So, what’s the read? Did Ram under-rate the towing capacity on the 1500, or is this simply double talk? Comment below.

Filed Under: Auto News


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  1. BobG says:

    The 10100# tow rating on our CM 4×4 always did seem a little out of balance with the relatively low 1515# payload spec. Since normally you would like ~10% of the trailer weight on the tongue, that would be over 1000# right there, before adding passengers or anything in the bed. Our trailer is only 6000# GVW, so it has never been an issue though.

  2. rich says:

    I agree with Bob, the old tow ratings don’t match the payload restriction for all of the half ton trucks. By the time you figure in fuel weight, occupants, and any luggage/cargo…you max out the payload way before you get to the max tow ratings. SAE ratings force dealers and owners to recognize this fact. The Tundra’s power plant can handle that weight without a problem under flat conditions, which still could tempt owners to tow over rated loads. Personally, I crunch the numbers before the family bets into the truck.

  3. Jason says:

    BobG – Agreed. It’s a hell of a thing to tow 10k lbs with a half-ton truck…not on my to-do list. I think that all trucks are over-rated, but at least now there’s some sort of official standard that we can have confidence in (assuming the other manufacturers adopt the standard soon, anyways).

    rich – Smart. BobG is a number cruncher too – it’s a great idea and very wise. “Half a pound of cure is worth a half an ounce of prevention,” or something like that! 🙂

  4. Mickey says:

    I agree with you. I don’t tow anywhere near that. If I’m lucky 4,000# on my 18.5ft boat.

  5. Jason says:

    Mickey – We agree on a lot, don’t we? 🙂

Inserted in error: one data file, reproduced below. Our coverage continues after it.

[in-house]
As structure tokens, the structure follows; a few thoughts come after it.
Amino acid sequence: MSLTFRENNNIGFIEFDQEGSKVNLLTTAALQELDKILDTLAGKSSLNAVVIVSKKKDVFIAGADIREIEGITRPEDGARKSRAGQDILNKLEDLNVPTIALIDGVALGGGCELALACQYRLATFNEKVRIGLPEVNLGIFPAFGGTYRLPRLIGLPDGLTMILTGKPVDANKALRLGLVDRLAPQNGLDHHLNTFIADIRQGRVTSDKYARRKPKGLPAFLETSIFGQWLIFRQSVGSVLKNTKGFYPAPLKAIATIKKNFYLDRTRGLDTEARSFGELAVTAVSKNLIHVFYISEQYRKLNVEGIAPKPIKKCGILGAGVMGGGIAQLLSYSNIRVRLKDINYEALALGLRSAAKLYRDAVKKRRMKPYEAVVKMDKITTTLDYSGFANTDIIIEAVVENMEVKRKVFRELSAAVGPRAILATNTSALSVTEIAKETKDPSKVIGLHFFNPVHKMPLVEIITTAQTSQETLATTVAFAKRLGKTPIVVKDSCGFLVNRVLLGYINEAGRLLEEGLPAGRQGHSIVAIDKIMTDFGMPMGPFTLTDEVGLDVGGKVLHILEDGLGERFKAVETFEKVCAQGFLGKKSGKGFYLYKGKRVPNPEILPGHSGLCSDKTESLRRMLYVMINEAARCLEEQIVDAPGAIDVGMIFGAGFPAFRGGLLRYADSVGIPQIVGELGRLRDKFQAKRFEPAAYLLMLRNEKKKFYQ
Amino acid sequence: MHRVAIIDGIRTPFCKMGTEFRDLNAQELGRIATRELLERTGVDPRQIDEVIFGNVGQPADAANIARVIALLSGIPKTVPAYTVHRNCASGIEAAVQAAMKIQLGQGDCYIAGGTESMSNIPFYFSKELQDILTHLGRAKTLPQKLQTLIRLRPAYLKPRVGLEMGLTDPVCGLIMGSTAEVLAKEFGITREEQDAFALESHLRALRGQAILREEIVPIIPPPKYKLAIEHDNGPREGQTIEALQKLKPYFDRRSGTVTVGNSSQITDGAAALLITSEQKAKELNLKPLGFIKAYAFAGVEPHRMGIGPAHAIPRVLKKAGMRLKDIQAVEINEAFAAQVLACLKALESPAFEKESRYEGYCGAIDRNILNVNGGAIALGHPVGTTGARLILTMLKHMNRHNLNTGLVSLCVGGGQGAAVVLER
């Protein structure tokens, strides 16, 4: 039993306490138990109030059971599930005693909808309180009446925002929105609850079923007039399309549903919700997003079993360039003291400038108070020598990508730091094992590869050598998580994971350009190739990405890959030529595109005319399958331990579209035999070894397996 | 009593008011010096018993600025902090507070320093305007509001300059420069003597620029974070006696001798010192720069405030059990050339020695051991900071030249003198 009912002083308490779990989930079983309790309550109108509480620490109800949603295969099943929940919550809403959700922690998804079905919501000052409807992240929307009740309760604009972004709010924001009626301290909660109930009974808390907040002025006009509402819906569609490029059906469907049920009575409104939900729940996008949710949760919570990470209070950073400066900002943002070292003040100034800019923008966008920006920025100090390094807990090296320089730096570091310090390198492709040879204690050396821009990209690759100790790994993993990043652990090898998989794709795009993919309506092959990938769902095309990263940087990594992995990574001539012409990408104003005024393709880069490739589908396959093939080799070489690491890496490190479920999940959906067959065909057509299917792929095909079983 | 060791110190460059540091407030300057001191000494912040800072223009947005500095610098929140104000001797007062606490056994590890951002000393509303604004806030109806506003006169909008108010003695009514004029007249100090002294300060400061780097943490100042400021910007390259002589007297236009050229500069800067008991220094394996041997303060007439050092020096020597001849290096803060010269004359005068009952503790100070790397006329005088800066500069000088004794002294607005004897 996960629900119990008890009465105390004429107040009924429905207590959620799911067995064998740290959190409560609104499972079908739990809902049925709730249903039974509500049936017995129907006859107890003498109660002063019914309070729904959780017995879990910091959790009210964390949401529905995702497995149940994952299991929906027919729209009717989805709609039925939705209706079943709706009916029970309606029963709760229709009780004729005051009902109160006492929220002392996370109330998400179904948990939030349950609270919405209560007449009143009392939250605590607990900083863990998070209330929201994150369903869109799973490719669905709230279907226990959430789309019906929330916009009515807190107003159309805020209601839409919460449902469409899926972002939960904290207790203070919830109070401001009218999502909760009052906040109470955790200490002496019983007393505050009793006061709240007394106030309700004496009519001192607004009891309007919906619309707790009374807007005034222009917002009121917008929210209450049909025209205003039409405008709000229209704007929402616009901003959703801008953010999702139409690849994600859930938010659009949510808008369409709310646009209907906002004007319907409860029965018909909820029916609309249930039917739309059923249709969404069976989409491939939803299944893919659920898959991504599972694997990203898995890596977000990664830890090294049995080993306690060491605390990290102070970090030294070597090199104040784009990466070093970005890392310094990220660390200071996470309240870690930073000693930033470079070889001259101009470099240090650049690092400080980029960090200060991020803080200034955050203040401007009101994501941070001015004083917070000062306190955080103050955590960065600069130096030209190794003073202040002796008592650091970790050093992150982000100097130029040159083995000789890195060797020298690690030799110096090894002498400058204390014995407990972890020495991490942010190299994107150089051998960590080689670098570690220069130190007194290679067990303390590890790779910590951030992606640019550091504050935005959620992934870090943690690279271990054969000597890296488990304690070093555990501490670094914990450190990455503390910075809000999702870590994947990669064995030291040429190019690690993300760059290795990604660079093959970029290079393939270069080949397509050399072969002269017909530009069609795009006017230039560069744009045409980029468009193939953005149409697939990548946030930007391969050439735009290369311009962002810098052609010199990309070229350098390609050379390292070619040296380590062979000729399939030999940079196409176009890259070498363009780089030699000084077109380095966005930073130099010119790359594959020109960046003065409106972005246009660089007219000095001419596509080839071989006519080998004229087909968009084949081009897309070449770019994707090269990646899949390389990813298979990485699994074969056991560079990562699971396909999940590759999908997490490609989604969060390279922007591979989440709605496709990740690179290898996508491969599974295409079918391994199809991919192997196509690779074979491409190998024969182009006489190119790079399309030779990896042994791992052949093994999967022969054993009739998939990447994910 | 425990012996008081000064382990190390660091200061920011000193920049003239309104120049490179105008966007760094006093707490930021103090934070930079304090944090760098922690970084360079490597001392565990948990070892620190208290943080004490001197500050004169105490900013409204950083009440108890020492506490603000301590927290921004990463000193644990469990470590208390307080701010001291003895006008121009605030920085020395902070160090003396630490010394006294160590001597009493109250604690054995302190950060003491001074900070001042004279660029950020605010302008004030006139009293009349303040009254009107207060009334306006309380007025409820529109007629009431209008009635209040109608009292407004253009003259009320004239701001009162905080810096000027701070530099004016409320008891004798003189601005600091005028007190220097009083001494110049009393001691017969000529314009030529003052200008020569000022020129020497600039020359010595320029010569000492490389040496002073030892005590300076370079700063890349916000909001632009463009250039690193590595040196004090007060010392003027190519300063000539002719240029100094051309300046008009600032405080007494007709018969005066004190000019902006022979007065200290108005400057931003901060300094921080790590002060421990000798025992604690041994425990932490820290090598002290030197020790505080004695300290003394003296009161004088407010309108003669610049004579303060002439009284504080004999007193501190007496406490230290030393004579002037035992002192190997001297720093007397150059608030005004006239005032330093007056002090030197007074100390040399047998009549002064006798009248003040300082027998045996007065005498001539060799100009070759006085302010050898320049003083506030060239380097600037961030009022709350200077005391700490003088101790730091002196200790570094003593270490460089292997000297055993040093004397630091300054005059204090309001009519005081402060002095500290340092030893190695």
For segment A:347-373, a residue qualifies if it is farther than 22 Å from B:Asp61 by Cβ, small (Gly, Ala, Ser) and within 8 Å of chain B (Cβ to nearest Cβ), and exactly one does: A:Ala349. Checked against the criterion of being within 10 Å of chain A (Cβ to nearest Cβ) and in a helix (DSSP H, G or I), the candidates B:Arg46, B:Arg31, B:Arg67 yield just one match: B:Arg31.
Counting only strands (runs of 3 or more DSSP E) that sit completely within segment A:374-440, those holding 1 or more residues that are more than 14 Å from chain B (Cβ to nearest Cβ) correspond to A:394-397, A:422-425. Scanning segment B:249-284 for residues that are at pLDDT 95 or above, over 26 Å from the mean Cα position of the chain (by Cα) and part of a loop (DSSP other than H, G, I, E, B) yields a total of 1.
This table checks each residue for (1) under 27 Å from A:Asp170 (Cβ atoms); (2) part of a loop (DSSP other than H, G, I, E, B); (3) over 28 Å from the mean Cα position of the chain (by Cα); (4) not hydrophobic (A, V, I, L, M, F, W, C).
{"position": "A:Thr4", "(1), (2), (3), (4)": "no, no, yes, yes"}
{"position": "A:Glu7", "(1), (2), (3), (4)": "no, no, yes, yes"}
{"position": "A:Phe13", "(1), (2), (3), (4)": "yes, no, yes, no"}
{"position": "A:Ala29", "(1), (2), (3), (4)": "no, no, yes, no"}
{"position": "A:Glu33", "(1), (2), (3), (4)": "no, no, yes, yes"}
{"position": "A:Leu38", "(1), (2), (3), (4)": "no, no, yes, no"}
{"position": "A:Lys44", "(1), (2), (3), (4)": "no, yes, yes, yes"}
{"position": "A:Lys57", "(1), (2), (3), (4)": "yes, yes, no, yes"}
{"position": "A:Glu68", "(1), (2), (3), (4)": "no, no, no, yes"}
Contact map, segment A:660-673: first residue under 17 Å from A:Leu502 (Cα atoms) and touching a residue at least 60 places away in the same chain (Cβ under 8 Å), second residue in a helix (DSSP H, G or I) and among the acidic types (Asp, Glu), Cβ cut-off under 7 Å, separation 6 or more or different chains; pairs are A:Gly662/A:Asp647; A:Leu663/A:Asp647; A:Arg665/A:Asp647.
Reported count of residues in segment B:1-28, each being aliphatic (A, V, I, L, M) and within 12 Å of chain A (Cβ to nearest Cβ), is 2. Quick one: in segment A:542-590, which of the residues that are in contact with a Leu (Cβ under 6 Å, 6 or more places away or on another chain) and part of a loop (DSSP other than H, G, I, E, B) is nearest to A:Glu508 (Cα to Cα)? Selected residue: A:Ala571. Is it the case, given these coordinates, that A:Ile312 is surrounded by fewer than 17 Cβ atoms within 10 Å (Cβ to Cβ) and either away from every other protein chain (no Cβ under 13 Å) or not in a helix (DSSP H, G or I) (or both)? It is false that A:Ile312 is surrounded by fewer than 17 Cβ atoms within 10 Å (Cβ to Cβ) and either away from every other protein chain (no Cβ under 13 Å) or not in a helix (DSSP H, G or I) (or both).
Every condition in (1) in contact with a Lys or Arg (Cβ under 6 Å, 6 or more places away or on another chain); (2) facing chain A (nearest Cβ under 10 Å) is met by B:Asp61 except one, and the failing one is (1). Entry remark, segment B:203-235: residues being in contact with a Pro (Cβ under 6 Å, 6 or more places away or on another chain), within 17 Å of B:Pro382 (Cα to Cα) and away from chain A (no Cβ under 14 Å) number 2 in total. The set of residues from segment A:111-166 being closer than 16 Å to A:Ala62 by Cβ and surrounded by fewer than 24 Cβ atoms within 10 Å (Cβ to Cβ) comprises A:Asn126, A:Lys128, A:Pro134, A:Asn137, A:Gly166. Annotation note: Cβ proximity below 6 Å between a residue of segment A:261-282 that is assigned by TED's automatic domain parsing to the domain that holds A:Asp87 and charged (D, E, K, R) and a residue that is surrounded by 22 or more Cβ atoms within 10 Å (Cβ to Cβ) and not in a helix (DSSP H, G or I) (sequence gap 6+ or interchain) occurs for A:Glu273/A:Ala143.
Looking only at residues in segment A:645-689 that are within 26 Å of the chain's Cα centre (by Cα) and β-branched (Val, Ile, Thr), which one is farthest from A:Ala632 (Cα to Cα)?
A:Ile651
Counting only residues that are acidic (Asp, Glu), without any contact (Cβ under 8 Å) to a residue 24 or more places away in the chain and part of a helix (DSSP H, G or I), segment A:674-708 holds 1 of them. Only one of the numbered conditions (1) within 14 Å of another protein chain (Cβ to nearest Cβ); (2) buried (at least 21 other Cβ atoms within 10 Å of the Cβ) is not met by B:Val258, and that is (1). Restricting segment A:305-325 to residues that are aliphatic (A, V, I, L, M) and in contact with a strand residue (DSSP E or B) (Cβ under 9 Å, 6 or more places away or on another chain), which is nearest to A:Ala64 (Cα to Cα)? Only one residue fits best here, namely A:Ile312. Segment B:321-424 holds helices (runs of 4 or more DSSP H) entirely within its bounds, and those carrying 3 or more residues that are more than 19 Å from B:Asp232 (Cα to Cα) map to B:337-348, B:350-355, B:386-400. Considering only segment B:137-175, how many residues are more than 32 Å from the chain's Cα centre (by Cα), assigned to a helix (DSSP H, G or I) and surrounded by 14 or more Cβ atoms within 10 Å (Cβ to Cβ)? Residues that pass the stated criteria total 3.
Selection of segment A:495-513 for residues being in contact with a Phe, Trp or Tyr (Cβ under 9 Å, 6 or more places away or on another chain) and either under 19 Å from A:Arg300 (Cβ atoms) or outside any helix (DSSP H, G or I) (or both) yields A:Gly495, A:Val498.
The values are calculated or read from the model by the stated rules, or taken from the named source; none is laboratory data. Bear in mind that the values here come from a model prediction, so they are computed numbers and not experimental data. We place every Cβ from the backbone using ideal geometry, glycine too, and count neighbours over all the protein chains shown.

I would tow a trailer that weighs 150-200% of the tow vehicle, provided the tow vehicle was a recreational pickup. I would lean towards the 150% mark on a half-ton…which could put as much as 9k behind the truck.

    Of course, that still seems like too much, so maybe I’m just being a “Mary.” LOL

  6. Mickey says:

    Jason if I had top tow 10,000lbs it wouldn’t be for a long time or distance. It has nothing to with being afraid or scared to do it. It’s just common sense not to exceed the limits. I rather drive vice having the load drive me.

  7. Jason says:

    Mickey – I hear you. I think we’re probably both a little too conservative, but I’d rather be safe than wrong, LOL.

  8. Paul says:

    I think everyone on here is smart . Most people don’t pay much attention to weights . I tow a 7000lb boat ( with fuel etc etc ) . I had a tundra , horsepower was quite enough , torque was okay , but with a loaded truck , even being at just the threshold for payload ( boat tongue weight equals 1050lb at 15 % , two adults , one kid , one dog , a canopy on the truck , fuel etc ) , the tundra just felt too light for this duty . I think all makes of trucks are very nice these days , but to be safe i decided to go to a ram 3500 one ton ( a 2500 would be lots also ) . The difference in towing is honestly unbelievable , going through mountain passes etc . The balance of towing a large item and still being able to be in control feels alot better than in a half ton . I believe over even 6000lb you should be in a 3/4 ton .

  9. Jason (Admin) says:

    Paul – I bet! 🙂 Pulling with a 2500/3500 is almost always better. They’re built for that task, the diesels and/or large gas motors give you a lot more torque, and the extra weight of the pickup keeps things stable.